First Contact with Aliens Could Bring Peace, but We Might Kill Our Extraterrestrials Guests

Vulcan First Contact.jpg

Today is First Contact Day. Well, it will be in 50 years.

According to Star Trek canon, on April 5th, 2063 humans make first contact with an alien race - the Vulcans. This is the moment that leads humanity out of the rubble of World War III and into the utopian future of Star Trek. Counselor Deanna Troi summarizes the importance of this event in this clip from Star Trek: First Contact:

"[First Contact] unites humanity in a way that no one ever thought possible when they realize they're not alone in the universe. Poverty, disease, war - they'll all be gone within the next 50 years."

So, with a half century to go, what would it take to make Star Trek a reality? The psychology of first contact indicates we need to do 3 things – end prejudice, foster cooperation, and develop empathy for aliens.

1) Ending Prejudice.

Our first challenge is overcoming bigotry.

Our first challenge is overcoming bigotry.

We can't work together if we hate each other. So step 1 in creating Star Trek's utopia is ending prejudice.

The problem is humans are wired with a self-serving bias - we really like ourselves and the groups we belong to. Think of it as a psychological immune system - we take credit for good stuff ("I was promoted because I'm smart") and blame others when things don't go our way ("I didn't get promoted because my boss is an idiot"). When you combine this with the ingroup/outgroup bias (see my post on jocks and geeks), it's easy to understand why we can be so closed-minded to people who seem different from us.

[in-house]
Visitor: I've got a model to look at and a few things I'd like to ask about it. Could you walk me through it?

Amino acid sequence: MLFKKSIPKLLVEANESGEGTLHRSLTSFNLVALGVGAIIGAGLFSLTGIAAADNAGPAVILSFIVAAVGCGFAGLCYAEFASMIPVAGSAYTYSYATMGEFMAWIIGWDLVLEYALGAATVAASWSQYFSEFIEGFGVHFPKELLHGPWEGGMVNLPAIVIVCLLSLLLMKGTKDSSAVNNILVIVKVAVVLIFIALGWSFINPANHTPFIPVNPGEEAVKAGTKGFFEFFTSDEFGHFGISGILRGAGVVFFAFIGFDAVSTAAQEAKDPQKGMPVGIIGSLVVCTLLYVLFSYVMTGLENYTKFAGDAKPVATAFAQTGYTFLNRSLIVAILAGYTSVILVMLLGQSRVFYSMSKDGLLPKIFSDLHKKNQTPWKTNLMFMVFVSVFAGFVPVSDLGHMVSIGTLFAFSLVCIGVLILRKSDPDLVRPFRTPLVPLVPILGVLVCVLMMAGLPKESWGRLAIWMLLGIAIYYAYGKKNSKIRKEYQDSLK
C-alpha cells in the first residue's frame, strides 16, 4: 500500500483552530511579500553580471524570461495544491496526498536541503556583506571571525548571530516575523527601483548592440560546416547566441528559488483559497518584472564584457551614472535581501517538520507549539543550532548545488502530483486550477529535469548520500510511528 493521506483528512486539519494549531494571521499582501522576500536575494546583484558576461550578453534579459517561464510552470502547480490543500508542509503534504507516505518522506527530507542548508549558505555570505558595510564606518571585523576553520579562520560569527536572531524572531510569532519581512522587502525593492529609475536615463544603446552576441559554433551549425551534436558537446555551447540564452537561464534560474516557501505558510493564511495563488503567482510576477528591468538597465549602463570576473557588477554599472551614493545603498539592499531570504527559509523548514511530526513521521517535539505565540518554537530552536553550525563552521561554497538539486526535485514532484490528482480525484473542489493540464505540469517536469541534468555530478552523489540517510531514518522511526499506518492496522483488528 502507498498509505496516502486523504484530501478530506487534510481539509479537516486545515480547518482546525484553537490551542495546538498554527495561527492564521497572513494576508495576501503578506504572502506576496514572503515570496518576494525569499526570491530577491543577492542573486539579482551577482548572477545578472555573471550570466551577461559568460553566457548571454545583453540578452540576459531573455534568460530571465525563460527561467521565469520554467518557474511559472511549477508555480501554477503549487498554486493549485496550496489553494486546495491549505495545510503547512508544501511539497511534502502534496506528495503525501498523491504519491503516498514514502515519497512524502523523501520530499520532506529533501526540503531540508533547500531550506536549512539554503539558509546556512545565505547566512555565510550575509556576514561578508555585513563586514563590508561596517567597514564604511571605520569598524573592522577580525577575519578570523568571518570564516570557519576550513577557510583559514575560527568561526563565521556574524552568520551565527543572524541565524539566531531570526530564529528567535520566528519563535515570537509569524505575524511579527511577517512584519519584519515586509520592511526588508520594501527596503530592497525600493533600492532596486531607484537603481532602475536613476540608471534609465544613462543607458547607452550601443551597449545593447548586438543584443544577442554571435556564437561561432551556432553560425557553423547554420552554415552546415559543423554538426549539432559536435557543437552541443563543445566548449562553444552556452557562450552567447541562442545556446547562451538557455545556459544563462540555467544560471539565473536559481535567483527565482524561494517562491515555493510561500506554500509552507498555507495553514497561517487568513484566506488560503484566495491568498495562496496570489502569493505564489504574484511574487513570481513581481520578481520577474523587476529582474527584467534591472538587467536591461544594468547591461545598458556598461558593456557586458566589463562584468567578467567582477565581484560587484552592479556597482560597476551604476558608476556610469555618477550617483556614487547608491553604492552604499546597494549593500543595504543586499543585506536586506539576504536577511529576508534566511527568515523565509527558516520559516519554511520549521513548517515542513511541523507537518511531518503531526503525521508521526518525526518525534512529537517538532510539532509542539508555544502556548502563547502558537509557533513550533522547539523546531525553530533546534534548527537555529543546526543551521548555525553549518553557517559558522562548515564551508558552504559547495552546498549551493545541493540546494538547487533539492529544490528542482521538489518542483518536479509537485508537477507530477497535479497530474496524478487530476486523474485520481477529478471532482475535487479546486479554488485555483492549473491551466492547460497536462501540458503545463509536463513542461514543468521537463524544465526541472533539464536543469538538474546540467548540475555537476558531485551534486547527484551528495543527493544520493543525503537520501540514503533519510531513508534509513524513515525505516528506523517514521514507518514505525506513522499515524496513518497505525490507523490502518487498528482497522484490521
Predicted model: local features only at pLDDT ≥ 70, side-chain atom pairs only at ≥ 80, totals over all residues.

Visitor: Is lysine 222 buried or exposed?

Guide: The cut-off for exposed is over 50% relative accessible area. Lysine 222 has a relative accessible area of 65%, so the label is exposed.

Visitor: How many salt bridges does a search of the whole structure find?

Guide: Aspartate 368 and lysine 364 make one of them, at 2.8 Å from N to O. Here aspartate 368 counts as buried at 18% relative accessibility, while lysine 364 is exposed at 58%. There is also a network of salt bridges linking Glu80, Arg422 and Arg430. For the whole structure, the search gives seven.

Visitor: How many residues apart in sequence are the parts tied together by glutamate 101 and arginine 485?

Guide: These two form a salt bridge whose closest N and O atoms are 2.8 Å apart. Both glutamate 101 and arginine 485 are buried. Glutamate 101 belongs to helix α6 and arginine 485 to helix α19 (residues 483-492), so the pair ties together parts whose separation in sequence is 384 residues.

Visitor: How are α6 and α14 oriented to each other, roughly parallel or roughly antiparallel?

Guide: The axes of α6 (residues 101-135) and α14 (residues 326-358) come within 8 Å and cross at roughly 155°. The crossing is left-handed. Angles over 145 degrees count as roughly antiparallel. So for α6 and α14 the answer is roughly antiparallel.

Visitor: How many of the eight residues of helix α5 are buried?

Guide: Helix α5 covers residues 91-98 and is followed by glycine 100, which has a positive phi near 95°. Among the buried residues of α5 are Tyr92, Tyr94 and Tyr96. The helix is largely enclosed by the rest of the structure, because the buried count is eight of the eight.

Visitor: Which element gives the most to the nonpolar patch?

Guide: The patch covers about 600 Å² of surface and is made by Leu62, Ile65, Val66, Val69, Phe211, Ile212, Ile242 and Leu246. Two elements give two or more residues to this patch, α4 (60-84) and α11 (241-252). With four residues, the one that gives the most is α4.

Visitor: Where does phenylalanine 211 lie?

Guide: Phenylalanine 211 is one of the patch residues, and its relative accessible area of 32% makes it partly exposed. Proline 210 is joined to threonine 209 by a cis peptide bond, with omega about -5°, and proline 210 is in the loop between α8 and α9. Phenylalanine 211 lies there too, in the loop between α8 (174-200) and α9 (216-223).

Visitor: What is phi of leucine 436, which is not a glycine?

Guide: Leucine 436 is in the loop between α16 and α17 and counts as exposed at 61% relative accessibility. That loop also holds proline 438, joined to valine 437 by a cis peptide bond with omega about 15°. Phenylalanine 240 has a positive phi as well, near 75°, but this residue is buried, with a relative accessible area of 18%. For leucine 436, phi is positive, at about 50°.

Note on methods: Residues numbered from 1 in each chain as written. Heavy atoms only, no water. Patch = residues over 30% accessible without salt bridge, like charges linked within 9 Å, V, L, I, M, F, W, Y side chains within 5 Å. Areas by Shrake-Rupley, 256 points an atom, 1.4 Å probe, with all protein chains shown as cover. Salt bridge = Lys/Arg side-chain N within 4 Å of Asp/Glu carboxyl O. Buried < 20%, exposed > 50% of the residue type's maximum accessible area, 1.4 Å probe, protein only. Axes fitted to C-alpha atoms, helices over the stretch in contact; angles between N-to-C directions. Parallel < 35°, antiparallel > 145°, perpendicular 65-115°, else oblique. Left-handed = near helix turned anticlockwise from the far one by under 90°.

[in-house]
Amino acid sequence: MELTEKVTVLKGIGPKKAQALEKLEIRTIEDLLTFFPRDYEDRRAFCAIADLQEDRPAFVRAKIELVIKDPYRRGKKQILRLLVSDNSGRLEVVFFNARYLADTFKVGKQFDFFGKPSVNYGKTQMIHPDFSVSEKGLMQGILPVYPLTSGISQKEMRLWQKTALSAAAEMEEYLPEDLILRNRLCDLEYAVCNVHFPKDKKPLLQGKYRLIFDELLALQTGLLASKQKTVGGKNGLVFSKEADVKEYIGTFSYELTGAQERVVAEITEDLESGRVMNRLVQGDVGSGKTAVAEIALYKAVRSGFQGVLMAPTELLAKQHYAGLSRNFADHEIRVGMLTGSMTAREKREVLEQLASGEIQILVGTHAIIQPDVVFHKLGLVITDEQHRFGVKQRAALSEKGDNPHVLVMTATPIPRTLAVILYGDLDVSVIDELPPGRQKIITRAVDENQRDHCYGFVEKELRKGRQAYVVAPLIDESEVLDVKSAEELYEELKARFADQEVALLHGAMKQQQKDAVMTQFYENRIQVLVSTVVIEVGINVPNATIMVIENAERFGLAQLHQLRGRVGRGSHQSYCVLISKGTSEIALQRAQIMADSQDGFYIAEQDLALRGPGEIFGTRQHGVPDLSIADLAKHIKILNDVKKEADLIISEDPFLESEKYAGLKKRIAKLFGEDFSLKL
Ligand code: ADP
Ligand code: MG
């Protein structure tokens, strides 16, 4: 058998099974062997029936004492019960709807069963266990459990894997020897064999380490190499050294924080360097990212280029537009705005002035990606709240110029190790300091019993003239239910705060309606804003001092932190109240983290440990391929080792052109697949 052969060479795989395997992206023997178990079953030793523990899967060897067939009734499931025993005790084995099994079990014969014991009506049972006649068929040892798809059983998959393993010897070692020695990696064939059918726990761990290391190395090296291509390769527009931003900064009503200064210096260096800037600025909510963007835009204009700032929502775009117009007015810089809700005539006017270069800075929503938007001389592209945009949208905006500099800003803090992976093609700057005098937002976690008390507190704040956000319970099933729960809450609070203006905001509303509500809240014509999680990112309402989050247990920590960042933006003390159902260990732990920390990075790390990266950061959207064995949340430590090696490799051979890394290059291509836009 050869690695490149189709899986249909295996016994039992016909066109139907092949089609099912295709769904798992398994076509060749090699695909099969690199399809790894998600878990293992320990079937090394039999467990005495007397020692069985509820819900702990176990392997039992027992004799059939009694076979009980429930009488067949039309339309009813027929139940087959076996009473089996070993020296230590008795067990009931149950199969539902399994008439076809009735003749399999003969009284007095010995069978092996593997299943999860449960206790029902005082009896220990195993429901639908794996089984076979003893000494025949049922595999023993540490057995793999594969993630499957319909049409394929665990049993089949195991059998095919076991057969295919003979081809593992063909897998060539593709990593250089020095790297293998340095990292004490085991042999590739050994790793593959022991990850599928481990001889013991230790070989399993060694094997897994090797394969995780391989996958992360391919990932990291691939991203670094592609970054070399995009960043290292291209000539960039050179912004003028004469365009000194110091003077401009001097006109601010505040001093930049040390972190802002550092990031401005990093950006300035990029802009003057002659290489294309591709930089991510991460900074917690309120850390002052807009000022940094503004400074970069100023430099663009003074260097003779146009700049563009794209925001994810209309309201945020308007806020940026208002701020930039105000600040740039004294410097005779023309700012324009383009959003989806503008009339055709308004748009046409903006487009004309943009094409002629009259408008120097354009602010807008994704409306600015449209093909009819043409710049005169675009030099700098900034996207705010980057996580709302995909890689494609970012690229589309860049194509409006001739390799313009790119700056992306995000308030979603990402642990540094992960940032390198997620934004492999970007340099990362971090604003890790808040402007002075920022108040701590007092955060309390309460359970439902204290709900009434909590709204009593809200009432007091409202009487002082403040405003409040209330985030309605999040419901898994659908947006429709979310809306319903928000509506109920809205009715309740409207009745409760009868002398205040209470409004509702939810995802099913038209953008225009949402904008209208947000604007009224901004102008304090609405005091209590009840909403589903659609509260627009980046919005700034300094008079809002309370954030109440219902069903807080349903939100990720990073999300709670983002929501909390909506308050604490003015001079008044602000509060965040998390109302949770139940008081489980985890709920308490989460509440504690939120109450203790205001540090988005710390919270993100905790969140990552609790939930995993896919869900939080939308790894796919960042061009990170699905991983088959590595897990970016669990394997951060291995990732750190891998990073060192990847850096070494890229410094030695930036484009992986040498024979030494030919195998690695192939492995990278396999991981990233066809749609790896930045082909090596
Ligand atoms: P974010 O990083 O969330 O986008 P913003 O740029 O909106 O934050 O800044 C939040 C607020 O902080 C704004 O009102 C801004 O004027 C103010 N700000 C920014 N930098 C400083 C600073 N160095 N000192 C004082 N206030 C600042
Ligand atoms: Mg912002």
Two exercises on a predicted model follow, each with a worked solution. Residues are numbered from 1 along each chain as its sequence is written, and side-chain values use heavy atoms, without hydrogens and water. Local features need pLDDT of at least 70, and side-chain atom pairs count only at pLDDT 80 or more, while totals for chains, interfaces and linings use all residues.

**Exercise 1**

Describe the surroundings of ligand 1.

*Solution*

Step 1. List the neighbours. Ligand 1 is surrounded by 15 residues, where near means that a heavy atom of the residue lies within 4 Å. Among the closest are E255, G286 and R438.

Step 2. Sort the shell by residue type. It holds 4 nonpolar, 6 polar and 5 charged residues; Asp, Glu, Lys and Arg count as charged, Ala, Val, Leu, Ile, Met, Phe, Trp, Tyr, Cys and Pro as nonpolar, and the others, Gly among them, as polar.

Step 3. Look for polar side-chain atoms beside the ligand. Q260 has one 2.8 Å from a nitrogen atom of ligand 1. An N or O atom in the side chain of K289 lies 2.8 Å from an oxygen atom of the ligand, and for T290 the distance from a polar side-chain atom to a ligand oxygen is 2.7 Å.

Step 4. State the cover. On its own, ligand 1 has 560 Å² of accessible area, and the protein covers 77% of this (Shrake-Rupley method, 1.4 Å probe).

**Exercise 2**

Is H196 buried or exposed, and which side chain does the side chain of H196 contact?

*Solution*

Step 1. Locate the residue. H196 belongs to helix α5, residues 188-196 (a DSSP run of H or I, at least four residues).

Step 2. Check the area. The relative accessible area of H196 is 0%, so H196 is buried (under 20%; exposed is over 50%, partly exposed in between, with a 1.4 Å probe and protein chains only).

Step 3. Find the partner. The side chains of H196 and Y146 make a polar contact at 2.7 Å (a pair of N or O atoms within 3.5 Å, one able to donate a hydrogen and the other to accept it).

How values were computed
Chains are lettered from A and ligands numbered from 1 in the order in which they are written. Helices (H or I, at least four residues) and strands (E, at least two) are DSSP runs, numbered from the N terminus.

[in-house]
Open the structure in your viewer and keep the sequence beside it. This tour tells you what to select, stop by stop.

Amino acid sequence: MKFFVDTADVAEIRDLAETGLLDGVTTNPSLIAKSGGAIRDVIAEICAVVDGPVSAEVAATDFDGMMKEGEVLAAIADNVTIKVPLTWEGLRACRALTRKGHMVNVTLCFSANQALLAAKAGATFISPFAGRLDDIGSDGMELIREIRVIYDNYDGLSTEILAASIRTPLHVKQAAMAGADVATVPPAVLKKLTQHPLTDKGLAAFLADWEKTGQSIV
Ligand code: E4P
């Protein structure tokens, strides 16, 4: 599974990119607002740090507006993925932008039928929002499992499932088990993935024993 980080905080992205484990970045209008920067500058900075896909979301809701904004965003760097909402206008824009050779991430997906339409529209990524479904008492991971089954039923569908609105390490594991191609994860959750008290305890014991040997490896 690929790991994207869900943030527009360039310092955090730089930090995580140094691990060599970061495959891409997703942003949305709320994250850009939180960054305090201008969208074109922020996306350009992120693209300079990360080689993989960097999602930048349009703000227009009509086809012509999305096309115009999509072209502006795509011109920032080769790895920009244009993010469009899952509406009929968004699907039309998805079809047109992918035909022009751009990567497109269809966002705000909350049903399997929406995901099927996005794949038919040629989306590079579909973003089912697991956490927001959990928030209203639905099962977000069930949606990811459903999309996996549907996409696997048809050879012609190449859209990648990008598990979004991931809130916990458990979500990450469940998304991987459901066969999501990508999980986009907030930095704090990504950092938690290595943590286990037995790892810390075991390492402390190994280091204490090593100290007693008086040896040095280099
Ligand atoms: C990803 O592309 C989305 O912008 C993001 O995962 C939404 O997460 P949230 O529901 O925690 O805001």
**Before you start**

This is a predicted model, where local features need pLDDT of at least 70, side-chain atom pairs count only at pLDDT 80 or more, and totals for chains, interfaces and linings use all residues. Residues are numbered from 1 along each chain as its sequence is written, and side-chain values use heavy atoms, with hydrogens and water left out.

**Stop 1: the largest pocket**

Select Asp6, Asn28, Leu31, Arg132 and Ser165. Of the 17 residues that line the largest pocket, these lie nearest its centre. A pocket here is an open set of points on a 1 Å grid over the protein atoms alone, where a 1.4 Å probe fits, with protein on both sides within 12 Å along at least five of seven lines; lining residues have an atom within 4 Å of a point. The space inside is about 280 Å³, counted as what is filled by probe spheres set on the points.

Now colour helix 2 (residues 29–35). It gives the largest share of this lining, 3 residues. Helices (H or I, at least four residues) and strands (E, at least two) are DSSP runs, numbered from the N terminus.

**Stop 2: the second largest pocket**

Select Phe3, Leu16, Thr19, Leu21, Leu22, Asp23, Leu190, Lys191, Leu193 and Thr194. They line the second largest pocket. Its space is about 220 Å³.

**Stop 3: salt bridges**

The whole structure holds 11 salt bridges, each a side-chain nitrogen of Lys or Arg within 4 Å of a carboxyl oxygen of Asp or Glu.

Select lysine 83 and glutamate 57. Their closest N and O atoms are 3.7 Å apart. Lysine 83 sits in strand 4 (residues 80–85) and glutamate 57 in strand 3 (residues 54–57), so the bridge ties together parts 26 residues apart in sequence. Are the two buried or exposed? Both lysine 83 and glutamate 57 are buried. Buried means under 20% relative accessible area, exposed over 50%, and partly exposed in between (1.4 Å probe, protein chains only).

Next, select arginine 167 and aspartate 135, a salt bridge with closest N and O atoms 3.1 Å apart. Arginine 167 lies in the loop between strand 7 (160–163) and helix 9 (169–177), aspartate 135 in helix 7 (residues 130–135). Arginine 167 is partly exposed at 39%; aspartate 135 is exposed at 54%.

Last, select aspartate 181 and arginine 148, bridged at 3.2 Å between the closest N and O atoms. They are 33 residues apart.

How can we eliminate prejudice? After reviewing over 500 studies on the topic, researchers have identified three necessary ingredients for tolerance:

  1. Learn about the other group.
  2. Make contact with the other group.
  3. Develop empathy for the other group.

This is exactly what happened in the United States after desegregation - when Blacks and Whites were allowed to interact with each other, friendships eventually developed and groups became less scared of each other.

First contact alone wouldn't end prejudice. Look at District 9 - just because we meet aliens doesn't mean we stop being bigots. In Star Trek, first contact occurred after decades of a genocidal war that culminated in a nuclear holocaust. The planet's cities and governments were destroyed. It's likely that the horrors of global devastation led to a period of increased empathy for one another. When you combine that with a lack of nationalistic identity (since there're no governments), it makes sense why a post World War III Earth was ready for tolerance.

2) Cooperation.

Working on large goals, like preparing for the first warp flight, helps people overcome their differences.

Working on large goals, like preparing for the first warp flight, helps people overcome their differences.